Debuting in 2013, Esquire Network’s first season of White Collar Brawlers features professional-class men with workplace conflicts looking to “settle the score in the ring.” In the show, white-collar men are portrayed as using boxing to reclaim ostensibly primal aspects of masculinity, which their professional lives do not provide, making them appear as better men and more productive constituents of a postindustrial service economy. Through this narrative process, White Collar Brawlers romanticizes a unique fusion of postindustrial white-collar employment and the blue-collar labors of the boxing gym. This construction, which Esquire calls “modern manhood,” simultaneously empowers professional-class men while limiting the social mobility of actual blue-collar workers. Based on a critical textual analysis that adopts provisional and rudimentary aspects of Wacquant’s conception of “pugilistic capital,” we contend that Esquire Network has created a show where men are exposed to and sold an image of “modern manhood” that reifies class-based differences and reaffirms the masculine hegemony of white-collar identities.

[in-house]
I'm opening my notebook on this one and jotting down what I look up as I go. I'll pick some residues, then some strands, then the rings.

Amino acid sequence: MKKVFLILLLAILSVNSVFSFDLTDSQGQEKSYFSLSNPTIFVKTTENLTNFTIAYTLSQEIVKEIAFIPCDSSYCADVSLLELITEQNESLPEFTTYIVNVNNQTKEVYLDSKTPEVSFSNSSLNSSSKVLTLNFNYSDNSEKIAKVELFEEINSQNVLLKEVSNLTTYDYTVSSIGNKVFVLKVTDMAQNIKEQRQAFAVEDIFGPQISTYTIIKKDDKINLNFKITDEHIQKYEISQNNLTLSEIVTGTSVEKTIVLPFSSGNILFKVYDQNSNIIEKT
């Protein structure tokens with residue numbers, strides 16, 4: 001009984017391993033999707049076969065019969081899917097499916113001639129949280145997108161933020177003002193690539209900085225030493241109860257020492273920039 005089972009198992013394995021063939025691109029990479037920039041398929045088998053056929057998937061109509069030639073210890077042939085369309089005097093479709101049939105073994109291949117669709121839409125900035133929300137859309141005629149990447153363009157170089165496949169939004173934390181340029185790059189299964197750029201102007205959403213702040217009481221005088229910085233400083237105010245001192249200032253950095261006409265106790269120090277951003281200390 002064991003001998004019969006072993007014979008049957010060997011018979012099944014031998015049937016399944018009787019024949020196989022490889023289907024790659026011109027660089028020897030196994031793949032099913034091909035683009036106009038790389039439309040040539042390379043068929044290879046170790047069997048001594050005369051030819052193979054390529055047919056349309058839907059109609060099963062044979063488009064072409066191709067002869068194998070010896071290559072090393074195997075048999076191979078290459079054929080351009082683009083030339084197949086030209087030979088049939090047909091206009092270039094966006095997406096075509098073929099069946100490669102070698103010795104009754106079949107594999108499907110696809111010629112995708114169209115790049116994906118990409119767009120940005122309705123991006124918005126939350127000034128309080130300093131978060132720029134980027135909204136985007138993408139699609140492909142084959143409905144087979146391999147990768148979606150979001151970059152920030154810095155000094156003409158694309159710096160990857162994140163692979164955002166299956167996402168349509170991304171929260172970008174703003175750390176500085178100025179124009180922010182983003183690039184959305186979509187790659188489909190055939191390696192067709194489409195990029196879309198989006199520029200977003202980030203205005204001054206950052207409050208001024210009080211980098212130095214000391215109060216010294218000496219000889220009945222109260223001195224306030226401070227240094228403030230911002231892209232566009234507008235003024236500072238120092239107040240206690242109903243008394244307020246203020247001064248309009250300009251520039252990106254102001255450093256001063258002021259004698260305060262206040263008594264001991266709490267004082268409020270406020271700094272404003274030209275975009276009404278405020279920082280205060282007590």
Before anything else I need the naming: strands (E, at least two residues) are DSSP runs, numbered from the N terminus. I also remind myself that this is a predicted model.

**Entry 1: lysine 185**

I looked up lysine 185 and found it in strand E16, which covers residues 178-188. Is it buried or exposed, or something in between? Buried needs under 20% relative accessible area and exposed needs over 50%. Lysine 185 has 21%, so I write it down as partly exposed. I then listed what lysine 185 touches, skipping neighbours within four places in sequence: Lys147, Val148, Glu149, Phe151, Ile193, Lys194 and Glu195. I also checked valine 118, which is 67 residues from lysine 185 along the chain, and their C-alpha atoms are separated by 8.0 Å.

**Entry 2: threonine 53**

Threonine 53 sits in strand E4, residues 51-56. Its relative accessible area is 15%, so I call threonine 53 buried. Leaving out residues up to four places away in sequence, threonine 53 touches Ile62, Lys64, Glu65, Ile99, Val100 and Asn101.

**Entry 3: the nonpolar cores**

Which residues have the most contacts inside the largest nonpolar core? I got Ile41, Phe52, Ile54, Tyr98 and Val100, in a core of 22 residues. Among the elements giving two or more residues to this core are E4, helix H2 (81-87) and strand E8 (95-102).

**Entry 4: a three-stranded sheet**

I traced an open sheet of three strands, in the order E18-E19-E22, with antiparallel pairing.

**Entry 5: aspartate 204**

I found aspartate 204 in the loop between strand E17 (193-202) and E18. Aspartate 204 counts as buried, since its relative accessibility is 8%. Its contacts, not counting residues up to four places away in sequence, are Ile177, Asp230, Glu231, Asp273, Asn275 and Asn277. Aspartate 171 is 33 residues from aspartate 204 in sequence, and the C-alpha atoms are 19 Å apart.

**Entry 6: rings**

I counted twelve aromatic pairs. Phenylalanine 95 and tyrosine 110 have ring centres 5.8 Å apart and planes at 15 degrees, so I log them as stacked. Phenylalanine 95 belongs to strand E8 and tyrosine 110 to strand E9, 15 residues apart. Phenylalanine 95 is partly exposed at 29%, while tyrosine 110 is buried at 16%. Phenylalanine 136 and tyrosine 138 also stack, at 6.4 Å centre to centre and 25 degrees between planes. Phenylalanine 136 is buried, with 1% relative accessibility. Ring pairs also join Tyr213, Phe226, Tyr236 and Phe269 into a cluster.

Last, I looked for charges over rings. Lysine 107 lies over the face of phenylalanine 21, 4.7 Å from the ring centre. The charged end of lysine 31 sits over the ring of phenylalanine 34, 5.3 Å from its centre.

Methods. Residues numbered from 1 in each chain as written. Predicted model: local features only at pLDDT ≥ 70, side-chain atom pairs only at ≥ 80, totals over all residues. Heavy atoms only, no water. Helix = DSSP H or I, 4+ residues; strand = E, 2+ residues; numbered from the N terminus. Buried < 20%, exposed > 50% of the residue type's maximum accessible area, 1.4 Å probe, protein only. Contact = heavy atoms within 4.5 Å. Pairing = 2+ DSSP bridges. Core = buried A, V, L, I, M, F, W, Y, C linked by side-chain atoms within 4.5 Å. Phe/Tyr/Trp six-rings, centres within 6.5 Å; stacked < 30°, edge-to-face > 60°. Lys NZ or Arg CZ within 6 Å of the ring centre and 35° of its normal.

All Science Journal Classification (ASJC) codes
- Sociology and Political Science